Who Tom Cotton Is

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Filed Under Obama News on Oct 6 

As a recent Gallup poll demonstrates, voter opposition to Obama is at a 16 year high, when comparing those who want to send a message opposing the president at 32%, against those who wished to send a message of support, at 20%. That’s noticably worse than what Clinton faced in 98 in the midst of the Monica Lewinsky sex scandal. So in a perverse sort of logic, we now have Clinton working the stumps in Arkansas to desperately separate Democratic Sen. Mark Pryor from the president. Unfortunately for Pryor, his Republican challenger Tom Cotton has managed to use Pryor’s voting record – he voted 93% of the time with the Obama’s proposals according to Cotton – to keep precious little daylight between the sitting Arkansas senator and Obama. In Arkansas, Obama’s job approval rating is at 31% with a disapproval rating of 62%. While the race for senator in Arkansas is reasonably close, Cotton is clearly ahead in a majority of the polls and seems to have numbers that are very solid and are holding up well in the final weeks leading up to November. By using Pryor’s voting record as a proxy for the Democratic senator’s approval of the job Obama is doing, he has forged an effective rhetorical weapon that he uses every time he hits the stage during the final run of his campaign to unseat Pryor. In a state with a 31% approval rating, where in the world can you find someone who gives Obama a 93% approval rating? That’s how Cotton starts off most speeches and it certainly seems to play very well in Arkansas.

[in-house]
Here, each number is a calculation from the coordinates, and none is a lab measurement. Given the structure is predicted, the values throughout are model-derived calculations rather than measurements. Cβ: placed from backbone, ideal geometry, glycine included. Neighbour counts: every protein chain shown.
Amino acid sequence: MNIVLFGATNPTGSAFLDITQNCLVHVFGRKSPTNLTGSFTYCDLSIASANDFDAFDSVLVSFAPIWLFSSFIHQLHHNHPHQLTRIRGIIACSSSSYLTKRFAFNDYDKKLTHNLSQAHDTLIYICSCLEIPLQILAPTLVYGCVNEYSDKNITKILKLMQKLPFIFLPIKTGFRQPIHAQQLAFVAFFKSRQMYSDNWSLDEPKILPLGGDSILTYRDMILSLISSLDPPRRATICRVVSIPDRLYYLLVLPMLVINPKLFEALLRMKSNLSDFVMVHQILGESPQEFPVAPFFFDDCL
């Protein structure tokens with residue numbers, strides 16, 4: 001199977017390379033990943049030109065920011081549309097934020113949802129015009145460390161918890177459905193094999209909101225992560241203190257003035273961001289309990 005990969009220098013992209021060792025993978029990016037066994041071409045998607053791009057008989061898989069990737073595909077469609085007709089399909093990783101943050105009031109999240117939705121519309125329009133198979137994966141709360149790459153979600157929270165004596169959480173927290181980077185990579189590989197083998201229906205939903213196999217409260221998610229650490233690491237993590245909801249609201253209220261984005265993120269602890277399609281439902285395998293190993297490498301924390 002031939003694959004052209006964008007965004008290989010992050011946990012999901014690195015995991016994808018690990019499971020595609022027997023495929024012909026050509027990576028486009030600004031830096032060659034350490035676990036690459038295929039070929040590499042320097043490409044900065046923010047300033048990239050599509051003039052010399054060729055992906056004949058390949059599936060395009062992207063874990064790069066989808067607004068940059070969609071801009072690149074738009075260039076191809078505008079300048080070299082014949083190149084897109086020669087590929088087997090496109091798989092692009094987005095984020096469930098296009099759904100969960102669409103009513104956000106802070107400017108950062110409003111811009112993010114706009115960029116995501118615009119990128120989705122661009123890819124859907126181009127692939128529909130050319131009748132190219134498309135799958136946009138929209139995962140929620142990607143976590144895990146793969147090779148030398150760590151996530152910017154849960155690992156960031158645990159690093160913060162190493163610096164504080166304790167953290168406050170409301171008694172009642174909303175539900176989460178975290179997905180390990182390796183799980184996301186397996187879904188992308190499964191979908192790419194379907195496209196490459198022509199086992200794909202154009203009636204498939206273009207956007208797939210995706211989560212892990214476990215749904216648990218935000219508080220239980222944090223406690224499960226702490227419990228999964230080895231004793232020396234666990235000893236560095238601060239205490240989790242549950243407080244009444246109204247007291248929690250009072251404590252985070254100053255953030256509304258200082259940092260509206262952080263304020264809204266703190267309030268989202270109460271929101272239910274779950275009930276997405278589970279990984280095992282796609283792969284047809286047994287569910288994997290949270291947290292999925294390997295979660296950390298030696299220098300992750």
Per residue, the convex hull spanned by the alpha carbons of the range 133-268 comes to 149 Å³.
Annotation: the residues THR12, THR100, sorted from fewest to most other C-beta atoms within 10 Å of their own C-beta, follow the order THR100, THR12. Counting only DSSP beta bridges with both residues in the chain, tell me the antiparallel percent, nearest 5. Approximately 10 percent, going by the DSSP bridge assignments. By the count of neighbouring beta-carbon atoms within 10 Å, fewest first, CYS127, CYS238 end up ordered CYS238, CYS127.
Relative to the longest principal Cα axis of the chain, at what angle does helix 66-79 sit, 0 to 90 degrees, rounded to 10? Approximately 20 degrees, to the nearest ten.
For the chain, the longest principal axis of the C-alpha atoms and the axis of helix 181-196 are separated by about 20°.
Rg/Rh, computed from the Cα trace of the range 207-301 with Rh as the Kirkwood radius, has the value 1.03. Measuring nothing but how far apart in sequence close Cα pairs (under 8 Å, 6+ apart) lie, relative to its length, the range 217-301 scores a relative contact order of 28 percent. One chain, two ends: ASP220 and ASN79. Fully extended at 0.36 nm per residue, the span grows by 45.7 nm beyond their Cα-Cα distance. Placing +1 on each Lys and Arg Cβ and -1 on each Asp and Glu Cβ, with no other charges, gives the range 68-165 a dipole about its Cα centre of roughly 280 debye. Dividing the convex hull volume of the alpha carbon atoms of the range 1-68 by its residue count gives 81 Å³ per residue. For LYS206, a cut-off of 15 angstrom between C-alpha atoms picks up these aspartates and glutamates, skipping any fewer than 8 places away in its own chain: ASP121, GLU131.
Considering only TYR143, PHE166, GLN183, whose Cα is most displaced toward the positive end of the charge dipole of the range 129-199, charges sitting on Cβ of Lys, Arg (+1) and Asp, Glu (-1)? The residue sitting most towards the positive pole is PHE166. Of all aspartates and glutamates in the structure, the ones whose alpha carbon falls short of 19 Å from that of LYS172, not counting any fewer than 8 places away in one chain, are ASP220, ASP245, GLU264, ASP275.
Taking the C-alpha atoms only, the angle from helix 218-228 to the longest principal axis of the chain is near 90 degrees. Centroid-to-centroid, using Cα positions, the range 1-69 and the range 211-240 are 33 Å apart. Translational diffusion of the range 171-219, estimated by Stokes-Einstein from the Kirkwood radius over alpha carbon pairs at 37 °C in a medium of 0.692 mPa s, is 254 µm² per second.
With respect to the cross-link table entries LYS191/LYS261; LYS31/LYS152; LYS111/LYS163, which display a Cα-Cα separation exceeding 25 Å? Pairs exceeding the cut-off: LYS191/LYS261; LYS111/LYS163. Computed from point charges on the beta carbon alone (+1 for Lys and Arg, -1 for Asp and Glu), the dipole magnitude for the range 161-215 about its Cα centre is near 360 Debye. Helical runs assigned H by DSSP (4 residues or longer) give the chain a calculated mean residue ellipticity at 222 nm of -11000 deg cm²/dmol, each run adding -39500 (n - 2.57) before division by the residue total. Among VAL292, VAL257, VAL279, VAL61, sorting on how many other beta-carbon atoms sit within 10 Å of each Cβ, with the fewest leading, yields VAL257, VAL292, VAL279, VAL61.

Mark Pryor is, of course, the son of former Arkansas Governor and U.S. Senator David Hampton Pryor, who served in the US Senate from 1979 until 1997. He is currently considered one of the more vulnerable candidates in the upcoming elections and maybe Arkansas is more than ready for a change. Tom Cotton, the son of Vietnam veteran, and a veteran himself with several decorated tours of duty in Iraq and Afghanistan, is also a Harvard educated lawyer. To say he is an achiever is an understatement. With Tea Party ties and also the support of John McCain as well as Mitt Romney, he has built up solid relations within the GOP within a relatively short time. His famous letter – it was an email in fact, sent by the young lieutenant – to the NY Times, calling for charges of treason to be laid against reporters that revealed key details of a secret program against terrorist financial backers, has been used against him when he first ran for a House seat in 2010. It did not work, and despite the discomfort certain defenders of the 1st amendment might feel, it was a legitimate criticism of an editorial decision that likely ended up compromising the program itself, and costing lives. Lives like those of the soldiers under Tom Cotton’s command. What he wrote in that email is what many felt at the time, whether a majority or not. It was a bold and risky, even intemperate act to send that email, and it shows something about who Tom Cotton is. We will likely be finding out a lot more about who Tom Cotton is and what he believes over the following years.

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